Derivation of melt factors from glacier mass-balance records in western Canada

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Abstract:

Melt factors for snow (ks) and ice (ki) were derived from specific mass-balance data and regionally interpolated daily air-temperature series at nine glaciers in the western Cordillera of Canada. Fitted ks and ki were relatively consistent across the region, with mean values (standard deviations) of 3.04 (0.38) and 4.59 (0.59) mm d−1 °C−1, respectively. The interannual variability of melt factors was investigated for two long-term datasets. Calculated annually, snow- and ice-melt factors were relatively stable from year to year; standard deviations for snowmelt factors were 0.48 (17%) and 0.42 (18%) at Peyto and Place Glaciers, respectively, while standard deviations of ice-melt factors were 1.17 (25%) and 0.81 (14%). While fitted values of ks are comparable to those presented in previous observational and modeling studies, fitted ki are substantially and consistently lower across the region. Fitted melt factors were sensitive to the choice of lapse rate used in the air-temperature interpolation. Melt factors fitted to mass-balance data from a single site (Place Glacier) provided reasonable summer balance predictions at most other sites representing both maritime and continental climates, although there was a tendency for under-prediction at several sites. The combination of regionally interpolated air temperatures and a degree-day model appears capable of generating first-order estimates of regional summer balance, which can provide a benchmark against which to judge the predictive ability of more complex (e.g. energy balance) models applied at a regional scale. Mass-balance sensitivity analyses indicate that a temperature increase of 1 K will increase summer ablation in the region by 0.51 m w.e.a−1 on average.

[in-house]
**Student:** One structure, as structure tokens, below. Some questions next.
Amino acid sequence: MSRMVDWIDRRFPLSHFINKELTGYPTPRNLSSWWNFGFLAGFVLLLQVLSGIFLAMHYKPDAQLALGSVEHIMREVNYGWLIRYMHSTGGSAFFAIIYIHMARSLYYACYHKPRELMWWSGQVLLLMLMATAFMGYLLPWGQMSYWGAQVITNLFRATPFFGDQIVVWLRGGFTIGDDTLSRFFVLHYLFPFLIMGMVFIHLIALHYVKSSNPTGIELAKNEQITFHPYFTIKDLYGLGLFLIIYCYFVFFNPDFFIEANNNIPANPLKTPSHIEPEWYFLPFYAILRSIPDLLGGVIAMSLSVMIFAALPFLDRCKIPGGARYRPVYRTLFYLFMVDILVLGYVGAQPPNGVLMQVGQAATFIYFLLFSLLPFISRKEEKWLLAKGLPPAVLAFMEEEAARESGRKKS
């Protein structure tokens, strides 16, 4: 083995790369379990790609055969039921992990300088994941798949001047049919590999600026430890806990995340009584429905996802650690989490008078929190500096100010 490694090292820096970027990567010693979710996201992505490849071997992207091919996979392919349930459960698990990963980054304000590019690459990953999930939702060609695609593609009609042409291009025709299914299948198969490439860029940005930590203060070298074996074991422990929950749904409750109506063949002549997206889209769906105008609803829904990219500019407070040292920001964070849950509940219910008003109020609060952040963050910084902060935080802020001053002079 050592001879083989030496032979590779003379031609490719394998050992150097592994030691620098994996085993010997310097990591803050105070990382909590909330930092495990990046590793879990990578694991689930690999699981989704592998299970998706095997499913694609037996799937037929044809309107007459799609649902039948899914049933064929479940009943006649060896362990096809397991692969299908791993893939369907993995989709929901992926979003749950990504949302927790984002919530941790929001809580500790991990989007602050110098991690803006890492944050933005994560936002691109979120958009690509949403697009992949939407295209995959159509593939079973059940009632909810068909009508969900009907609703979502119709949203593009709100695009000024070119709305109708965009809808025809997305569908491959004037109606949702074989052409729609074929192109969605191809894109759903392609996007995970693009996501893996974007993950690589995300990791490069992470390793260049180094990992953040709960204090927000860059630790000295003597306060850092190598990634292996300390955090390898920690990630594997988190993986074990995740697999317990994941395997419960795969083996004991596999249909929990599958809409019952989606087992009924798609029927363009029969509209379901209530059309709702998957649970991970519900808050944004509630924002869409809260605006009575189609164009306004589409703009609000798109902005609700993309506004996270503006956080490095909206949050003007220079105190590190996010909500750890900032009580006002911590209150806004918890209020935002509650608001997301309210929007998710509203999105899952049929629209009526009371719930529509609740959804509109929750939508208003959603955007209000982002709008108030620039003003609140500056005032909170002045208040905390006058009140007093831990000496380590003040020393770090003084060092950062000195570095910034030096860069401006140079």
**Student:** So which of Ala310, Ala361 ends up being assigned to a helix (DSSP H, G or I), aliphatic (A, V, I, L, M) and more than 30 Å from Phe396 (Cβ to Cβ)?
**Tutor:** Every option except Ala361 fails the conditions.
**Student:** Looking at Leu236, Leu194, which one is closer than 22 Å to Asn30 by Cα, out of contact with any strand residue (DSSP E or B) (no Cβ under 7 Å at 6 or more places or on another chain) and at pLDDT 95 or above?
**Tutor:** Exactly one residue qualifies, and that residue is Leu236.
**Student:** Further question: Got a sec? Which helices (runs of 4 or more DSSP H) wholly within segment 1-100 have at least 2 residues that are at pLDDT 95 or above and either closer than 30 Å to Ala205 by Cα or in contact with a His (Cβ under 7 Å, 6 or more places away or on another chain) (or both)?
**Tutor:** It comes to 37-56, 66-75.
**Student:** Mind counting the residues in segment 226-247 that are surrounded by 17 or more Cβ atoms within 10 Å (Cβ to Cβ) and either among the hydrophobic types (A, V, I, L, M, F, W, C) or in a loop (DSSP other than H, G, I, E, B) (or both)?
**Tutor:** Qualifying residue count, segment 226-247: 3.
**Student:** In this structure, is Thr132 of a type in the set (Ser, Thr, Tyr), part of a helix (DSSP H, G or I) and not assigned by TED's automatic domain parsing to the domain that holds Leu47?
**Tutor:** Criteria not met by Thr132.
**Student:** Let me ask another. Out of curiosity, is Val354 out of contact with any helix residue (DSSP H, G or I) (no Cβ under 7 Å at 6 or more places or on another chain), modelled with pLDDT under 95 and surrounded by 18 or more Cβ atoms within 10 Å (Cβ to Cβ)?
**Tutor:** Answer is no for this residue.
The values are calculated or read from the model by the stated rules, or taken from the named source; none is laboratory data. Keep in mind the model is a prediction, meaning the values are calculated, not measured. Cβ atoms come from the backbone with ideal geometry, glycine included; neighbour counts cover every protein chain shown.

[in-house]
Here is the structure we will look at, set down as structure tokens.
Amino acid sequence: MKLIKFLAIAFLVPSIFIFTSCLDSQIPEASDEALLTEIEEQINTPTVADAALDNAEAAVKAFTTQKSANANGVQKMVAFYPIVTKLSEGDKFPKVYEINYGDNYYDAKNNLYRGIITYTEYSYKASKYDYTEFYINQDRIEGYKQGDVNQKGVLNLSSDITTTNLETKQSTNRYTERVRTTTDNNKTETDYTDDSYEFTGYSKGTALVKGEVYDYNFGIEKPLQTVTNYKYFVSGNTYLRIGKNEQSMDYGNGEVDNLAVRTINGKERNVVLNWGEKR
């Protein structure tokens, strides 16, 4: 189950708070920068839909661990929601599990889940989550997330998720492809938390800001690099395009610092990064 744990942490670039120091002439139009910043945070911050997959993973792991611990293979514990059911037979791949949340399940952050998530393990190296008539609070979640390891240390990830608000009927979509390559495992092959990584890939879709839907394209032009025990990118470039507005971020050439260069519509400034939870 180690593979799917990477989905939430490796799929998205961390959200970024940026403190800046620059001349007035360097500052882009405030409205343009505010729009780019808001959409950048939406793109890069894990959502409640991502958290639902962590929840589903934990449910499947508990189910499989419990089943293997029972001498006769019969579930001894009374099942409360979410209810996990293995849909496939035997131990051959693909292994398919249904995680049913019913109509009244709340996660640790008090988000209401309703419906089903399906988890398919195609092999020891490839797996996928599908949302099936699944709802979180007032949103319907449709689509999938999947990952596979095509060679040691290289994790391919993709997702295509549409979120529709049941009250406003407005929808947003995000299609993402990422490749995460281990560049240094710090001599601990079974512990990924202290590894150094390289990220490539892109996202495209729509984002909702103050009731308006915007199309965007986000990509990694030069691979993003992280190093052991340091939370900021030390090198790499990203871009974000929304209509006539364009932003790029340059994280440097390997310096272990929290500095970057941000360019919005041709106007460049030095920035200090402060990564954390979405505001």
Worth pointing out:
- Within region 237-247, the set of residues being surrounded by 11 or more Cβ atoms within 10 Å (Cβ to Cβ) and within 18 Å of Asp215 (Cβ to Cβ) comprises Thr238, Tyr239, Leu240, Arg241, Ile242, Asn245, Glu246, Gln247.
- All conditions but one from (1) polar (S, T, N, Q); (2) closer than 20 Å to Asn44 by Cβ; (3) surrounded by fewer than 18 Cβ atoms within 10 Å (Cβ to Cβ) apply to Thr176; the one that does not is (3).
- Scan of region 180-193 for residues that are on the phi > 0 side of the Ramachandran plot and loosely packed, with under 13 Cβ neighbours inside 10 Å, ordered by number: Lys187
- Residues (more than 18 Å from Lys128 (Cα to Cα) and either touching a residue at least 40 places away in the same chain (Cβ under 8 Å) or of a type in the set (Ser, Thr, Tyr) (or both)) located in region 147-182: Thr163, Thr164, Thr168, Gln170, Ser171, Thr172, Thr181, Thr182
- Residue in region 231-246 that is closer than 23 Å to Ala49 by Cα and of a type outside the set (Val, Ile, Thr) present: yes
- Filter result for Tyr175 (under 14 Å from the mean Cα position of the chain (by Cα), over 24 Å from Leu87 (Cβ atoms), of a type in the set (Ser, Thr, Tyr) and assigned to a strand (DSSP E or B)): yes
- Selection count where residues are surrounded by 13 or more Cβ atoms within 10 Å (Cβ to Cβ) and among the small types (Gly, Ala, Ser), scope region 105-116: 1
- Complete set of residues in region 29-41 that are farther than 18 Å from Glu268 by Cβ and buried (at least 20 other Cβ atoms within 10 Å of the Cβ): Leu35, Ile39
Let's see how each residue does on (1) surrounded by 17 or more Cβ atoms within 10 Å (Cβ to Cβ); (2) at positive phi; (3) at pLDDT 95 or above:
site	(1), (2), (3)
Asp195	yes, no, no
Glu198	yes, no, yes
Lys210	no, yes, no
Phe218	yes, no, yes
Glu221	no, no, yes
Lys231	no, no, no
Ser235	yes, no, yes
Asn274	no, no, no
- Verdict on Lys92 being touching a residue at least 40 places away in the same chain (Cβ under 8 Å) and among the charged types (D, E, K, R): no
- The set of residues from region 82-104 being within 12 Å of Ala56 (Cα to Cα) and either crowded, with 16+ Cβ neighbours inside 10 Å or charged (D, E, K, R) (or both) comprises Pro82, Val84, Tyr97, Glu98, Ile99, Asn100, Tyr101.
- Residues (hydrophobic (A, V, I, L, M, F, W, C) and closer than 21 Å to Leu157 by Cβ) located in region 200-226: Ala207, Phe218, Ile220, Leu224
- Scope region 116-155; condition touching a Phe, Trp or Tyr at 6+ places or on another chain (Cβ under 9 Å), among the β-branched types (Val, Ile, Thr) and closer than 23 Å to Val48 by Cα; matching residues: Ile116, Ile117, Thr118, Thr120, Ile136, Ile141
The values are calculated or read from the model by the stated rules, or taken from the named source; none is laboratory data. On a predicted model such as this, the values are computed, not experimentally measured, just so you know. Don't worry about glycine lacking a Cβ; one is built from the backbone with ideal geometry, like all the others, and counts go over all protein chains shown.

Document Type: Research Article

DOI: http://dx.doi.org/10.3189/002214309788608886

Publication date: February 1, 2009

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  • The Journal of Glaciology is published six times per year. It accepts submissions from any discipline related to the study of snow and ice. All articles are peer reviewed. The Journal is included in the ISI Science Citation Index.
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